Saskatoon’s industrial market isn’t quite what Barry Stuart would consider balanced, but it appears to be well on its way.
The vacancy rate ticked downwards to 6.04 per cent in the third quarter of 2019, while there was positive absorption of more than 20,000 square feet of space, according to the latest report from ICR Commercial Real Estate.
“I believe a balanced market is sub-5 per cent vacancy. Our two major markets are below 5 per cent,” said Stuart, the managing partner and senior sales associate of ICR Saskatoon. He was referring to the Marquis Industrial and North Industrial areas, which are reporting 3.74 per cent and 4.71 per cent vacancy rates, respectively.
He’s not surprised that Marquis is in the greatest demand because it has the newest inventory in the city.
Despite the improved vacancy rates, the average asking net rental rate has increased by only a nickel per square foot net to $10.41, compared with $10.26 per square foot in Q1 2019.
There is just under $1.5 million square feet of total vacancy throughout the city. The industrial sector represents nearly 50 per cent of Saskatoon’s total commercial real estate market.
The industrial situation has been helped by a curtailing of speculative development over the past few years after a period of oversupply.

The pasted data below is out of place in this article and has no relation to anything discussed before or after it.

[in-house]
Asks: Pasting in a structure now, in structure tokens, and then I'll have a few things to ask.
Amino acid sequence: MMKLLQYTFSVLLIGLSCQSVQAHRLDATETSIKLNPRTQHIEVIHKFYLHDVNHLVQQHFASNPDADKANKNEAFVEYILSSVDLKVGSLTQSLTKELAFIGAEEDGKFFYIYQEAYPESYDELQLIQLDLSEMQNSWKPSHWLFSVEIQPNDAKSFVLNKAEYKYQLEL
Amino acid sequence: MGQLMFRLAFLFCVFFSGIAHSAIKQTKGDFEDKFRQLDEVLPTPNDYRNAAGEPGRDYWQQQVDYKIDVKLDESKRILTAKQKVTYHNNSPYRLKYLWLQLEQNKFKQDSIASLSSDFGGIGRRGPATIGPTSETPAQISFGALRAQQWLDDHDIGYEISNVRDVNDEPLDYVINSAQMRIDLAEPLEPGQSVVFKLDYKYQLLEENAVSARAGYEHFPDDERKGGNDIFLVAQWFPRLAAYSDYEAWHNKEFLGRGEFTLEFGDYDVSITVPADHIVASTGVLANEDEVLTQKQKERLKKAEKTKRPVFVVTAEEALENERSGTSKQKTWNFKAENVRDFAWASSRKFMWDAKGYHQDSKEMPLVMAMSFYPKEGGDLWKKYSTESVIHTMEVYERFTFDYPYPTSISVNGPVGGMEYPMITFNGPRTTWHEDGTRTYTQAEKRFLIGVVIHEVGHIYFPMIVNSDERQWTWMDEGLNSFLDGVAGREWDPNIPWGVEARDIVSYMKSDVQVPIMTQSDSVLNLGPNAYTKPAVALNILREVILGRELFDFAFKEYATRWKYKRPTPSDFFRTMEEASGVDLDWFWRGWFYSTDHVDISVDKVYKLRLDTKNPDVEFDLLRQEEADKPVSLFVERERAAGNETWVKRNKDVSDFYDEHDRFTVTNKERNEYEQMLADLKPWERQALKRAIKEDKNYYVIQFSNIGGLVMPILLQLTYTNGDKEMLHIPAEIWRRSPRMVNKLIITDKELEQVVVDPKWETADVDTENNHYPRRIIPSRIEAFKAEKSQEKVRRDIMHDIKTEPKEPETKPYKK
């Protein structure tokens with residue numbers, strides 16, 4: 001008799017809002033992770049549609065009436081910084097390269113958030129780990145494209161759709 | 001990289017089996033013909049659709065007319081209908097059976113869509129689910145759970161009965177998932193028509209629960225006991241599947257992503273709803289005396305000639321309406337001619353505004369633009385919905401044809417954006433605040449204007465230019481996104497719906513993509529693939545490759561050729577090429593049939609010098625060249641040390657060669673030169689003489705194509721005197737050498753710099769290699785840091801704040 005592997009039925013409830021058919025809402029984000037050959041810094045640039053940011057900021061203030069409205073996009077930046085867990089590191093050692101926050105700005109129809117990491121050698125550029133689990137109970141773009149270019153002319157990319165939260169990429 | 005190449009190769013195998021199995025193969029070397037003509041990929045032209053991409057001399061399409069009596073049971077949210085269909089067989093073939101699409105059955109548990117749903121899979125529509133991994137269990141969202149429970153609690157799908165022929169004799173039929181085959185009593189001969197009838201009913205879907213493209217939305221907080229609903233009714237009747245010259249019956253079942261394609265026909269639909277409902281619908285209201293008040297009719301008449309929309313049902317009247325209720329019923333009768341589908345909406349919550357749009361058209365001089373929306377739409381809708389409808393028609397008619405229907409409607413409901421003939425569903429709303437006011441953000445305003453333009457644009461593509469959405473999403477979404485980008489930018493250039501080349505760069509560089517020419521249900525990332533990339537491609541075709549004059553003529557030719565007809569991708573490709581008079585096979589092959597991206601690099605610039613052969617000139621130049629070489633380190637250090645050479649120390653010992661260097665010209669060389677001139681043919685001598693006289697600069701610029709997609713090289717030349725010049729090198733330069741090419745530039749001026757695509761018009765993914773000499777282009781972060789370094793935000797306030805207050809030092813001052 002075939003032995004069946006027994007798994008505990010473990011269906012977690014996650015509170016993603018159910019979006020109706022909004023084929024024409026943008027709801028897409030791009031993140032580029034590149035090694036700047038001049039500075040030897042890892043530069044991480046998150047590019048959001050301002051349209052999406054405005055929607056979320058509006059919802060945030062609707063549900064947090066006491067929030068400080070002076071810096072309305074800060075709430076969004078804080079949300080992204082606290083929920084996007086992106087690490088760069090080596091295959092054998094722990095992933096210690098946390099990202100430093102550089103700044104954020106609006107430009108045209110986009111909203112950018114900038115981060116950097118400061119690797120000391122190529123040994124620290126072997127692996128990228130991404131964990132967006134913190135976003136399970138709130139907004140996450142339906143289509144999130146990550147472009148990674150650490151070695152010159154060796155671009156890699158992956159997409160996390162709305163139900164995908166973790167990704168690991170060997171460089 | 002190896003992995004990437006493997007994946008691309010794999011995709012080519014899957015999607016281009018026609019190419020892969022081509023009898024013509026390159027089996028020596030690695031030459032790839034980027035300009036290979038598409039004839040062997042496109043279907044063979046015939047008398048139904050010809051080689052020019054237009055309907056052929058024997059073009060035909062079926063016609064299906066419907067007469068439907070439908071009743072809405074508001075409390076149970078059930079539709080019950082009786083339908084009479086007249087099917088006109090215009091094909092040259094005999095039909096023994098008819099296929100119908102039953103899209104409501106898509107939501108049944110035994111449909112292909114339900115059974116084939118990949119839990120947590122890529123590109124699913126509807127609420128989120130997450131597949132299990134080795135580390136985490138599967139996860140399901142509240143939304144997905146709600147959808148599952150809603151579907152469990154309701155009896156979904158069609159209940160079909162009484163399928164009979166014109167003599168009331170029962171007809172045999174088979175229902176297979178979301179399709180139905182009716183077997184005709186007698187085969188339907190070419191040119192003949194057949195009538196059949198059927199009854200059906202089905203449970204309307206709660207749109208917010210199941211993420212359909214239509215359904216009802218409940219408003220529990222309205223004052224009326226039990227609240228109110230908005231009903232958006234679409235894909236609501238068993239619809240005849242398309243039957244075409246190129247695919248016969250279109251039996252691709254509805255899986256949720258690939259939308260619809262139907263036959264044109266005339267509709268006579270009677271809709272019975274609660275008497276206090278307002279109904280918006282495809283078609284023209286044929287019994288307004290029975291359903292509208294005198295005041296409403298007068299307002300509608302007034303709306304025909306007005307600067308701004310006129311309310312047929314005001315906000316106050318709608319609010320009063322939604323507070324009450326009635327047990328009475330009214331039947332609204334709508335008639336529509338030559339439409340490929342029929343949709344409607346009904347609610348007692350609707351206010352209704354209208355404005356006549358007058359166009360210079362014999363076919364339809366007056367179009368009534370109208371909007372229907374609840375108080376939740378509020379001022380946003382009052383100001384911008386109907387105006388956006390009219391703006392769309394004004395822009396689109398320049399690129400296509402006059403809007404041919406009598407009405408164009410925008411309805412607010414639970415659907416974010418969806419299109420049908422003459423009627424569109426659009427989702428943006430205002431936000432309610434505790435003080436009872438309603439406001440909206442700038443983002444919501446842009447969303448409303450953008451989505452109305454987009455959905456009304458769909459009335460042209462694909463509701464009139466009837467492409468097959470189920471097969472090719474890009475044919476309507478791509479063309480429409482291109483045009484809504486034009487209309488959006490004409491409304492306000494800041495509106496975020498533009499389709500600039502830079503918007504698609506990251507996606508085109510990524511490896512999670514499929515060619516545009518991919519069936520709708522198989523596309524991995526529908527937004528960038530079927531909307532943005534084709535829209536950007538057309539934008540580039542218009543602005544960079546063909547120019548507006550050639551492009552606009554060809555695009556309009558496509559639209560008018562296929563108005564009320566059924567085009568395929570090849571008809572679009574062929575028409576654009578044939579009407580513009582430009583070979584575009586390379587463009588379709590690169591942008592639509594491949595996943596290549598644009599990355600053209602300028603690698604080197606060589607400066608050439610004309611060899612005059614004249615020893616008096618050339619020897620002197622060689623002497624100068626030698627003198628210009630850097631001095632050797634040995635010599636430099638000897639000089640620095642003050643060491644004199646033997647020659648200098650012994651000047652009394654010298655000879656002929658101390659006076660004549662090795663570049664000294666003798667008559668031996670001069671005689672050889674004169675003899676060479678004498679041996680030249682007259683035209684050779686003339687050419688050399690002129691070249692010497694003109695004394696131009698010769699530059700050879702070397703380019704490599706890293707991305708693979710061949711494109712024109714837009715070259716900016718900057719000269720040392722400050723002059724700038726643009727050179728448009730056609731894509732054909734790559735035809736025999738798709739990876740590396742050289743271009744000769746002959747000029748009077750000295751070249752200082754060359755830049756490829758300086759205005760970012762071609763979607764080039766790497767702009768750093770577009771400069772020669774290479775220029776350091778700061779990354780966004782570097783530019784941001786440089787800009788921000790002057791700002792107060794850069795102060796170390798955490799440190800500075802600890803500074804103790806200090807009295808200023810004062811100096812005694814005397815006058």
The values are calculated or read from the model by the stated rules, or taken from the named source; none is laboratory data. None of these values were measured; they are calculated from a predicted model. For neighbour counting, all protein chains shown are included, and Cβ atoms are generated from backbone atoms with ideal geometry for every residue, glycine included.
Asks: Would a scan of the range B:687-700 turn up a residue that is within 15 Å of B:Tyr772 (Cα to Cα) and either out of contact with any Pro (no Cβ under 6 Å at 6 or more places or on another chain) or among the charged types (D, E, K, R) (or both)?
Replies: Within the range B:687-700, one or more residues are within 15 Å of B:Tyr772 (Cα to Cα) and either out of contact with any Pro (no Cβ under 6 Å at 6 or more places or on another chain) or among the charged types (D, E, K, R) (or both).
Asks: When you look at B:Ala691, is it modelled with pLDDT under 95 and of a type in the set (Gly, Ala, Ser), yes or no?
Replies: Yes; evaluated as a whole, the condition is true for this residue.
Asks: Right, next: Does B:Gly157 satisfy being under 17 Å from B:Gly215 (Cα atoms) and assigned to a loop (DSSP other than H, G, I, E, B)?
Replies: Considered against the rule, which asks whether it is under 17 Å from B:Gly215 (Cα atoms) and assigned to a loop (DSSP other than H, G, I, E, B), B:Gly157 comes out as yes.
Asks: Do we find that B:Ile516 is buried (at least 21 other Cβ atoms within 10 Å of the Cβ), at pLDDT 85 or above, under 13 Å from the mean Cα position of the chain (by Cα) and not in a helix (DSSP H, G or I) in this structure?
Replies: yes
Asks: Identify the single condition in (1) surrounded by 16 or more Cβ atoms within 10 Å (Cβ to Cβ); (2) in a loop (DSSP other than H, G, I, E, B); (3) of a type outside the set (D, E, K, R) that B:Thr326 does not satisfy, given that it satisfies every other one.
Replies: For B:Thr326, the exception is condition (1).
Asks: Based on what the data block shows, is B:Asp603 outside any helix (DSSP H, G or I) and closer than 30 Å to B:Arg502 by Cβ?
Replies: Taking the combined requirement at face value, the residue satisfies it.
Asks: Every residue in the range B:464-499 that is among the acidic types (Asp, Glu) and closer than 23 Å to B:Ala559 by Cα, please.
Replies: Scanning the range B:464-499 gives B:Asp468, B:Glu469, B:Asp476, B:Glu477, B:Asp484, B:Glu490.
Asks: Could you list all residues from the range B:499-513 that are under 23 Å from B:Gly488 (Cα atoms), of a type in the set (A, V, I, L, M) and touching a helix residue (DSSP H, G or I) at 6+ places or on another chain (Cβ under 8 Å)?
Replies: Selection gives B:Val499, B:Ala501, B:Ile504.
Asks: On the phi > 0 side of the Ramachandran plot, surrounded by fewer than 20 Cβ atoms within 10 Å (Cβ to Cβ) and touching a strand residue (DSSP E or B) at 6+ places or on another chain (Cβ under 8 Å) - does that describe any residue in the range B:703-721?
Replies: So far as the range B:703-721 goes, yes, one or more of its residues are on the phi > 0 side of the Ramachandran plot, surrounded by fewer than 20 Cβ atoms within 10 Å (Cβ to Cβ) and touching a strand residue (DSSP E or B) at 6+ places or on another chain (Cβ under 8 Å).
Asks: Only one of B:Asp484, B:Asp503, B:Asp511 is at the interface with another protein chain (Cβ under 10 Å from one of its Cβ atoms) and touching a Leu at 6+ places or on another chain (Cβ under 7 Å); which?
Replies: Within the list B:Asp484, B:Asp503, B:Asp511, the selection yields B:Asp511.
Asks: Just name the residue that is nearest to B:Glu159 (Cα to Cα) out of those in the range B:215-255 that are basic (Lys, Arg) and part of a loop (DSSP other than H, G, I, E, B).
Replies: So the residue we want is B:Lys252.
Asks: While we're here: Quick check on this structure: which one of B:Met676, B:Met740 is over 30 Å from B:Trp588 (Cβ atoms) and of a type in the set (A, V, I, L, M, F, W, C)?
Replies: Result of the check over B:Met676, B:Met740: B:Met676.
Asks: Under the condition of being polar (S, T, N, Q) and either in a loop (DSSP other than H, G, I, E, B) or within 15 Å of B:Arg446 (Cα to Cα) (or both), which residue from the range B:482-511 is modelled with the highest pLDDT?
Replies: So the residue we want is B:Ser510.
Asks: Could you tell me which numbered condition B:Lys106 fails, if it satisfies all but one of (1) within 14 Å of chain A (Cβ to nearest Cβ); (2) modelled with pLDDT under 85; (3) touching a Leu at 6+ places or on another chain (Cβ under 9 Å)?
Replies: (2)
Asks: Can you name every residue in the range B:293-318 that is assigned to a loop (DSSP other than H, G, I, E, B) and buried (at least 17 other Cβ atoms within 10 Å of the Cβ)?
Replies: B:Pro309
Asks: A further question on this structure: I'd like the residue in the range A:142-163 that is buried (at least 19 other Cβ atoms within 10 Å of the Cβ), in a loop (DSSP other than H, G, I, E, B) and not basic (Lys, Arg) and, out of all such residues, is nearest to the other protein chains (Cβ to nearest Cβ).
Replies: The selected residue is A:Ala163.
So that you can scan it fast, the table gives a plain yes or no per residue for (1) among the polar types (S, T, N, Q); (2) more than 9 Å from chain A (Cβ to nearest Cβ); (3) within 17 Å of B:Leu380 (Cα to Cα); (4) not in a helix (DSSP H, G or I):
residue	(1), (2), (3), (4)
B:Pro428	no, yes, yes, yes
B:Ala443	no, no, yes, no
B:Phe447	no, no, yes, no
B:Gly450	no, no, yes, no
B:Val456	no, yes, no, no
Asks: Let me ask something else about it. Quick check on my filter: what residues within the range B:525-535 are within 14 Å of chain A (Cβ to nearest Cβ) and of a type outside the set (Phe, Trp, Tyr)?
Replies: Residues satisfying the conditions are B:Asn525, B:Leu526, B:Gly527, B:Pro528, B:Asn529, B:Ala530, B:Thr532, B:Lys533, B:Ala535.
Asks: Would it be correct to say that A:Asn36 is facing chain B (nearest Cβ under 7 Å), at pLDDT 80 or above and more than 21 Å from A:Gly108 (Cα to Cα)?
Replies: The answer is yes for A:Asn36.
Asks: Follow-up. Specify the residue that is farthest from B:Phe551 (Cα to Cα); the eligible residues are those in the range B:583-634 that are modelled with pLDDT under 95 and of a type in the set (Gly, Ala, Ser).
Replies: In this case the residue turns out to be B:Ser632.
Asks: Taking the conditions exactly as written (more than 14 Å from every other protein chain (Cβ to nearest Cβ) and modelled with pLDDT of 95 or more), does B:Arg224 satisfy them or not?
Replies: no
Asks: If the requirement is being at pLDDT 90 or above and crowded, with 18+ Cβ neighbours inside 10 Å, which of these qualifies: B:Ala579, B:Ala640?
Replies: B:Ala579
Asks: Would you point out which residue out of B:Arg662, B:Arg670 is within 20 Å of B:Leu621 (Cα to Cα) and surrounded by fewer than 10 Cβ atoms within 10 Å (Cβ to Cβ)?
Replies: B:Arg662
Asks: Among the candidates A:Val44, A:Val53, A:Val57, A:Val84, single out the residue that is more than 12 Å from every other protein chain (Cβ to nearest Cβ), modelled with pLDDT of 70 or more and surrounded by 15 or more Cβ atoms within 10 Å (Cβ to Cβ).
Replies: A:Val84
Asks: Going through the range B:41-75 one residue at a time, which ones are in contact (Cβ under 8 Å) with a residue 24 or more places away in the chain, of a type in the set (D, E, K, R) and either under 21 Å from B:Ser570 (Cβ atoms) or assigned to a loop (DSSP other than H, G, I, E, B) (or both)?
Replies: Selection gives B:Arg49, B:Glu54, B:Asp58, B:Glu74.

“Net rental rates have dropped and land prices have increased so it’s more difficult to pencil in a new development with the rates we’re currently seeing,” he said.
Stuart doesn’t believe asking rates will change much in the near future.
“I believe developers will want to see a period of stability,” he said.
Retail market sees high supply
Saskatoon’s retail market, meanwhile, is still healthy but showing some signs that Stuart would like nipped in the bud.
For example, the vacancy rate inched up to 4.64 per cent overall and to 5.67 per cent in the downtown, new ICR figures show.
Supply has also exceeded demand, a trend that is expected to continue with a number of construction projects scheduled to wrap up before the end of 2019 or early in 2020.
Food delivery service SkipThe Dishes is having a negative impact on the hospitality sector as more people are eating at home instead of going out.
“It’s causing a pause or second thoughts for restaurants to open up. When a vacancy does appear, there might be some reluctance for a restaurant to open there,” he said.